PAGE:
Chemical Oxidation of Graphite: Evolution of the Structure and Properties

SKÁKALOVÁ, Viera – KOTRUSZ, Peter – JERGEL, Matej – SUSI, Toma – MITTELBERGER, Andreas – VRETENÁR, Viliam – ŠIFFALOVIČ, Peter – KOTAKOSKI, J. – MEYER, Jannik C. – HULMAN, Martin

In Journal of Physical Chemistry C. Vol. 122, iss. 1 (2018)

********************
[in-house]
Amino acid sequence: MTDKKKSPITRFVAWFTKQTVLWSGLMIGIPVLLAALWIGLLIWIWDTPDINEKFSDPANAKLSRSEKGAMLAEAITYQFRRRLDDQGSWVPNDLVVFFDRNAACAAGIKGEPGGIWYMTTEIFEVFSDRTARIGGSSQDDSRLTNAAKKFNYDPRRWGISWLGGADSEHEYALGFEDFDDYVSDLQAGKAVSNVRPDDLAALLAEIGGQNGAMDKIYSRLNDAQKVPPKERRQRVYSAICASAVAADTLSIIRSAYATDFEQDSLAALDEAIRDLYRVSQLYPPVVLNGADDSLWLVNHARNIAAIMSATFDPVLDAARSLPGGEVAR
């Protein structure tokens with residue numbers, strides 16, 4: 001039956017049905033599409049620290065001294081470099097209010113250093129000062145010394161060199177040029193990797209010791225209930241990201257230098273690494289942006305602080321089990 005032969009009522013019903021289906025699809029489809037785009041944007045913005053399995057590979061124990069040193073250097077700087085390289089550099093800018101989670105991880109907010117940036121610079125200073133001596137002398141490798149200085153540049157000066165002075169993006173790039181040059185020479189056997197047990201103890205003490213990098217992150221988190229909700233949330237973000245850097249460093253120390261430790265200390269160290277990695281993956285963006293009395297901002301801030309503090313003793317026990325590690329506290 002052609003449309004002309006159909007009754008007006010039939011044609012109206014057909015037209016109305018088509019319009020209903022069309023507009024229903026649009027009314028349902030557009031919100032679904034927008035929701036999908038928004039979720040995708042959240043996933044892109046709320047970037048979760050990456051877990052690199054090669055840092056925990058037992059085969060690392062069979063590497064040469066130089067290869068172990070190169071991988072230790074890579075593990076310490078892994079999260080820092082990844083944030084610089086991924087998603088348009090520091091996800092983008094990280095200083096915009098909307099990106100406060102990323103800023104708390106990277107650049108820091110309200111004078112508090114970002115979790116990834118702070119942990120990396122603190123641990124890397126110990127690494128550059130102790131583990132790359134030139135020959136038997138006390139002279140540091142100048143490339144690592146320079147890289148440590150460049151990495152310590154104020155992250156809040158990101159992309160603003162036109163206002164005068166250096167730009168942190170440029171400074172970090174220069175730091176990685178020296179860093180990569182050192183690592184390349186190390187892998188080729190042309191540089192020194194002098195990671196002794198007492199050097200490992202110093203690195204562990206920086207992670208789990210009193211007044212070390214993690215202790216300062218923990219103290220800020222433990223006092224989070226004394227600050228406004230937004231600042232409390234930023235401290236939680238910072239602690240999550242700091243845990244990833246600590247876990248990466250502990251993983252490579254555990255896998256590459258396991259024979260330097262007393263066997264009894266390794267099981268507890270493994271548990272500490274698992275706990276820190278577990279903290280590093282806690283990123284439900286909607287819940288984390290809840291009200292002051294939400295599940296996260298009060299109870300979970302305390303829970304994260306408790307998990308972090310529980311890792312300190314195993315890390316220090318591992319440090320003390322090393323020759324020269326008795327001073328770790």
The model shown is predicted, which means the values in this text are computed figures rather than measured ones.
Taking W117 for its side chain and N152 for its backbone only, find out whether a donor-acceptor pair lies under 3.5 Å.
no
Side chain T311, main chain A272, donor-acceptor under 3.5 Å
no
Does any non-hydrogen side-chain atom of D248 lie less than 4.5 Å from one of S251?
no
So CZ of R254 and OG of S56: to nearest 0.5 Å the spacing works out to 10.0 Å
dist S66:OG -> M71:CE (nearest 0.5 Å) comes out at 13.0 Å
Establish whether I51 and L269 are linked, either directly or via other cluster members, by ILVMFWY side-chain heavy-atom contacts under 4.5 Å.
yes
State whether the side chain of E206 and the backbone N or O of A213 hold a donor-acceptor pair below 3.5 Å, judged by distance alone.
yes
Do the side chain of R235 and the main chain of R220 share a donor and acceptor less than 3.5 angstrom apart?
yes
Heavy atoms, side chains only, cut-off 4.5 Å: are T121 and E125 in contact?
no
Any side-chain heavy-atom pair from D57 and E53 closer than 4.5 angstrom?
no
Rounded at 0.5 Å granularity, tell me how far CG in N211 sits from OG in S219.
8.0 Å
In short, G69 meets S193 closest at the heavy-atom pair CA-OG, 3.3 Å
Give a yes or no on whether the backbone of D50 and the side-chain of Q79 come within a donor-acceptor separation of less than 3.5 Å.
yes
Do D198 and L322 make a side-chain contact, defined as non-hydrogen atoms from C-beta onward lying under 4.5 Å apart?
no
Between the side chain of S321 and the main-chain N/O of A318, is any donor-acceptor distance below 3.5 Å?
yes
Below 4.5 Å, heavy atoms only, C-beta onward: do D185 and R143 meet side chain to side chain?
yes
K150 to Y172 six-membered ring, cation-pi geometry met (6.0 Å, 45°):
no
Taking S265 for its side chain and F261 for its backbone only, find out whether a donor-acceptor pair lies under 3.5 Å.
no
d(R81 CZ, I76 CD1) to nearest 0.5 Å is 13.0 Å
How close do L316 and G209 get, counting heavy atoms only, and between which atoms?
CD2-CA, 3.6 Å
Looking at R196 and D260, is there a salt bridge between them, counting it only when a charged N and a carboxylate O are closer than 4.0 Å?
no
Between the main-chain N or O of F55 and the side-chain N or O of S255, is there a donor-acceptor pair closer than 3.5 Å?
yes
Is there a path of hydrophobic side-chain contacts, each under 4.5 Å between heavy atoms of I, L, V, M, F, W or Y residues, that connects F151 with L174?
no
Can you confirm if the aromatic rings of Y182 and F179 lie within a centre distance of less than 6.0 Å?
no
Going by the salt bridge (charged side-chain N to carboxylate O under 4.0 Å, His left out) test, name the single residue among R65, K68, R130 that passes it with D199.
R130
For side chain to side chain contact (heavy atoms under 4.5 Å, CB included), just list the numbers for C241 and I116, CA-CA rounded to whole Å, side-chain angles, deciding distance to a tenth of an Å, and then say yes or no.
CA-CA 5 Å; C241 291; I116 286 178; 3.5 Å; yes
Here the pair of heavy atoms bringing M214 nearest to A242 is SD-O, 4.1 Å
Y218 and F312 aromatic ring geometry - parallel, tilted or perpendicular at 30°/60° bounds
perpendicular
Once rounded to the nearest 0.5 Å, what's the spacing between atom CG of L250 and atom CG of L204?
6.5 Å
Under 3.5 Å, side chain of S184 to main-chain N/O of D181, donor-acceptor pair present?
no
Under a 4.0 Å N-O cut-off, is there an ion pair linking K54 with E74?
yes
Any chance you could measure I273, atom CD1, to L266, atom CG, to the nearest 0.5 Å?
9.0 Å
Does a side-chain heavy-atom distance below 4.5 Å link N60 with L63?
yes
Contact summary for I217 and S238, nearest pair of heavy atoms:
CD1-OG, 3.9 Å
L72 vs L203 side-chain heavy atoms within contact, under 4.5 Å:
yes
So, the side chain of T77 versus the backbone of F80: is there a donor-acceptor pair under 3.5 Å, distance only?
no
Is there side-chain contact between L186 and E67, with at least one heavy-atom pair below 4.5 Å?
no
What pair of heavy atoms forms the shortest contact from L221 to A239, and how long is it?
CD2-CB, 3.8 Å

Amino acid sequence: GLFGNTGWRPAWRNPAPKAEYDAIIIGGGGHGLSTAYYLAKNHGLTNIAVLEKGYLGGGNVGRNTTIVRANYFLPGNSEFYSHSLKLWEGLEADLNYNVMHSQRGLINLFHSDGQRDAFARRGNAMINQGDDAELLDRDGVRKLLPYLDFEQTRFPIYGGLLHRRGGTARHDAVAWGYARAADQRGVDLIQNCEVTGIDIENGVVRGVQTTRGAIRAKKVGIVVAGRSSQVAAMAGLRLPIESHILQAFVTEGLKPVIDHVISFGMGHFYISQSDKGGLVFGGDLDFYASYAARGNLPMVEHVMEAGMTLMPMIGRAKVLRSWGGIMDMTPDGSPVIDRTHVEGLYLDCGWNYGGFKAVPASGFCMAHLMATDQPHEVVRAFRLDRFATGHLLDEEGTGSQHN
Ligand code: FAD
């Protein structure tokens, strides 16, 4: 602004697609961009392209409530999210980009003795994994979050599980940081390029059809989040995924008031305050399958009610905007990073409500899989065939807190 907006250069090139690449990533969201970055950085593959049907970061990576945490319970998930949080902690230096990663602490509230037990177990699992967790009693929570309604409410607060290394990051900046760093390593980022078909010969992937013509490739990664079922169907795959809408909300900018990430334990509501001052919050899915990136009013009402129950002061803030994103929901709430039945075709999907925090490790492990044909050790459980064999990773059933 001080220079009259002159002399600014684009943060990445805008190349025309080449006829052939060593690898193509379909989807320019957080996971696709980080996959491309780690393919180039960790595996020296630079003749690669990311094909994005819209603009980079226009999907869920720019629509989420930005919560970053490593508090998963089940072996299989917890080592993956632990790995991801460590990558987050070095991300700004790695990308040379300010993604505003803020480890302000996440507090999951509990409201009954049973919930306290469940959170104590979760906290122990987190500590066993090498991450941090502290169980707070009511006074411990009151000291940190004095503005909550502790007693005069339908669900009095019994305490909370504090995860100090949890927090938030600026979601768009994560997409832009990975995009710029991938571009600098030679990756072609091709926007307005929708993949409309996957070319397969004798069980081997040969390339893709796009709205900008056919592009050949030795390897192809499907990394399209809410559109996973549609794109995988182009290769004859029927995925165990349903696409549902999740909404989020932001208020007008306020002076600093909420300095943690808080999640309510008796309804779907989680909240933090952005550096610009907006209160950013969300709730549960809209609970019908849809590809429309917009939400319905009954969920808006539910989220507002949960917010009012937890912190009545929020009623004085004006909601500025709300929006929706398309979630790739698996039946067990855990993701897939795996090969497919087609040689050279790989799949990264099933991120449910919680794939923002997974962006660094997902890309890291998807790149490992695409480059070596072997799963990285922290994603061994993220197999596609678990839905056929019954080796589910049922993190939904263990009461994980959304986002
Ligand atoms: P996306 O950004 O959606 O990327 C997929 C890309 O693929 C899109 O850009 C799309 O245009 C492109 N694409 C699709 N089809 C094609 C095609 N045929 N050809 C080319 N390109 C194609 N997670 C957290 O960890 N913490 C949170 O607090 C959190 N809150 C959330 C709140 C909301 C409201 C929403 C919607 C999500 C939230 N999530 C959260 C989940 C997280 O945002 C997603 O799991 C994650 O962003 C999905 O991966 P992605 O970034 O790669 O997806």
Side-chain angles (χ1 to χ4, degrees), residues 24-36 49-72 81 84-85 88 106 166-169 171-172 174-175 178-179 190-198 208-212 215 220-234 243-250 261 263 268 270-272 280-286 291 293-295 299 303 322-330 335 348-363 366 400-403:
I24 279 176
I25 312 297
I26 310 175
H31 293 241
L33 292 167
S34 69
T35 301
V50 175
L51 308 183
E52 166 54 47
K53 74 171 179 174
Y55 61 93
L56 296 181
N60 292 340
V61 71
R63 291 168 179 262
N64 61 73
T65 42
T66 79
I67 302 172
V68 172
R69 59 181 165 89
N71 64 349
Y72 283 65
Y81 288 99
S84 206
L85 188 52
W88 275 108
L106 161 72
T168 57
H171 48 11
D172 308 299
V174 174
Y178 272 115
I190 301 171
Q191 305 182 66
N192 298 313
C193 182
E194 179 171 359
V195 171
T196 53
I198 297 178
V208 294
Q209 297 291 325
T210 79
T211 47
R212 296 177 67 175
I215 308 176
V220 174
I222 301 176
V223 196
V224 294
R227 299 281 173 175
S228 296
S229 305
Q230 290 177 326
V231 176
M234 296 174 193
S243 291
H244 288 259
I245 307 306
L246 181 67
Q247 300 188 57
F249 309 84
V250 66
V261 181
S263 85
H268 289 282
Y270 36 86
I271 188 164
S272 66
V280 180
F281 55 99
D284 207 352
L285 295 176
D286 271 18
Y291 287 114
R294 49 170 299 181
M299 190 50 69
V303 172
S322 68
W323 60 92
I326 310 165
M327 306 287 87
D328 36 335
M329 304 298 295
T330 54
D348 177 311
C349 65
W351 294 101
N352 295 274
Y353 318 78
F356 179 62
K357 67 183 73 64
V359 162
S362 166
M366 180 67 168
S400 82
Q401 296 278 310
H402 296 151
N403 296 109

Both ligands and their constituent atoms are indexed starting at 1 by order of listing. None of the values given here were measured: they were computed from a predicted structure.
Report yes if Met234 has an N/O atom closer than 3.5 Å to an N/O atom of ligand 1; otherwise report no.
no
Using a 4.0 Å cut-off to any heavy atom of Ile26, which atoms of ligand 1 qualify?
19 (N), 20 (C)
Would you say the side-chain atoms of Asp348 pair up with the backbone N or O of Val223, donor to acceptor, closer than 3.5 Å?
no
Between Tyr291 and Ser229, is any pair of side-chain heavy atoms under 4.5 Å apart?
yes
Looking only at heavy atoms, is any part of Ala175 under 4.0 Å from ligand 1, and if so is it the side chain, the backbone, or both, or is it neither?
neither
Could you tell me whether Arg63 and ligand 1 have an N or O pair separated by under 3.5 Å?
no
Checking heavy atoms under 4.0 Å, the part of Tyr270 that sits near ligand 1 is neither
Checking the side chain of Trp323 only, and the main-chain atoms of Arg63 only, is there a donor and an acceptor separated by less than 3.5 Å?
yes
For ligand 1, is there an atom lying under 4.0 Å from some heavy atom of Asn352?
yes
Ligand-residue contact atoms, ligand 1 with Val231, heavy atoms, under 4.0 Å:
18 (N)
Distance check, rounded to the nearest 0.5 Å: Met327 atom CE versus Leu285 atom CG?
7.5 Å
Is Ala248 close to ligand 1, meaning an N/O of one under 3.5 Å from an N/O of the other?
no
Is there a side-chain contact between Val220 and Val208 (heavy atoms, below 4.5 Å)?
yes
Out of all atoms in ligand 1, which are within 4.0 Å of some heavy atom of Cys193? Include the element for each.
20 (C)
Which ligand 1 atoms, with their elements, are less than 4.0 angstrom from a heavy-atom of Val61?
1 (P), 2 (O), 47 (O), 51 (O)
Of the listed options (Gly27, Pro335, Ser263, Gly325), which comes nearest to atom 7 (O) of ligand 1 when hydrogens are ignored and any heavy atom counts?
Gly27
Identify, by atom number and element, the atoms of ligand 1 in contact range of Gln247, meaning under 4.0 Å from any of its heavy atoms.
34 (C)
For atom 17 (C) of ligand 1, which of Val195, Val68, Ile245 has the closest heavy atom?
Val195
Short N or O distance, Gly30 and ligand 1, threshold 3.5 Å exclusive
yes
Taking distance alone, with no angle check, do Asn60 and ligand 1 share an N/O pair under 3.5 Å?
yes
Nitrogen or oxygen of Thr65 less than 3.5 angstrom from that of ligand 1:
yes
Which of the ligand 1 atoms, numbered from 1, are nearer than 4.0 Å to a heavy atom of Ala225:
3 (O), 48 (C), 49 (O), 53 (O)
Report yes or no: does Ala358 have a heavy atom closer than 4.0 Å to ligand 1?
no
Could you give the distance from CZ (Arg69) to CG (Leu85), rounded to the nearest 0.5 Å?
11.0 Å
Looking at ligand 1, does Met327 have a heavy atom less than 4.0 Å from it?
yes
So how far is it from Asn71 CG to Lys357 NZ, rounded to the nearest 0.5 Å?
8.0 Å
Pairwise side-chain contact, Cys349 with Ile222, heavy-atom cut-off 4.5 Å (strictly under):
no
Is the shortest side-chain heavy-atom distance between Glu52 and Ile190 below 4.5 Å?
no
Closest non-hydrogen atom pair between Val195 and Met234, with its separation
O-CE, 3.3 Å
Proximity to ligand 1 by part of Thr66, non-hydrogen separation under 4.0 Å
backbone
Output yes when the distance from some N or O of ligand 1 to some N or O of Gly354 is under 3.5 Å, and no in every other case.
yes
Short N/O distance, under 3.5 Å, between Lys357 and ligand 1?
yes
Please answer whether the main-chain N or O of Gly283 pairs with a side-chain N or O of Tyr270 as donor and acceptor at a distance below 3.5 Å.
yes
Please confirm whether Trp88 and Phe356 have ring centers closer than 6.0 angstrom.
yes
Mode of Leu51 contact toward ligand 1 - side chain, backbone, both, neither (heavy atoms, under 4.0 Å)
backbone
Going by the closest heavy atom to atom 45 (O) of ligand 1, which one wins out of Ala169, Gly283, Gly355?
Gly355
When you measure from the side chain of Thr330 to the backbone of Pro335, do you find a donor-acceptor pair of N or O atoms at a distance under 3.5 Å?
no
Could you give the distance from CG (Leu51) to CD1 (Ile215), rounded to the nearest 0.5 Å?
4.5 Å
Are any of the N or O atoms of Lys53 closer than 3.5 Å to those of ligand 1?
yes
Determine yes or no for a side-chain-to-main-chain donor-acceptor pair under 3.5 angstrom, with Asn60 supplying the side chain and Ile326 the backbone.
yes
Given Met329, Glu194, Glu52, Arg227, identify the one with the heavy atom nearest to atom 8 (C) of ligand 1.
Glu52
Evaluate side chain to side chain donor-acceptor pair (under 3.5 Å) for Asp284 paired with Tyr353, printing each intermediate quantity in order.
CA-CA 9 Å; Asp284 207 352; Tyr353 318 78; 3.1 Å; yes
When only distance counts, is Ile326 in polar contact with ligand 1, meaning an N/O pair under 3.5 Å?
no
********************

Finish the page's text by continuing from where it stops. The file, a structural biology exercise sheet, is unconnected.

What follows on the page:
Graphene oxide is a complex material whose synthesis is still incompletely understood. To study the time evolution of structural and chemical properties of oxidized graphite, samples at different temporal stages of oxidation were selected and characterized through a number of techniques: X-ray photoelectron spectroscopy for the content and bonding of oxygen, X-ray diffraction for the level of intercalation, Raman spectroscopy for the detection of structural changes, electrical resistivity measurements for probing charge localization on the macroscopic scale, and scanning transmission electron microscopy for the atomic structure of the graphene oxide flakes. We found a nonlinear behavior of oxygen uptake with time where two concentration plateaus were identified: Uptake reached 20 at % in the first 15 min, and after 1 h a second uptake started, reaching a highest oxygen concentration of >30 at % after 2 h of oxidation. At the same time, the interlayer distance expanded to more than twice the value of graphite and the electrical resistivity increased by seven orders of magnitude. After 4 days of chemical processing, the expanded structure of graphite oxide became unstable and spontaneously exfoliated; more than 2 weeks resulted in a significant decrease in the oxygen content accompanied by reaggregation of the GO sheets. These correlated measurements allow us to offer a comprehensive view into the complex oxidation process.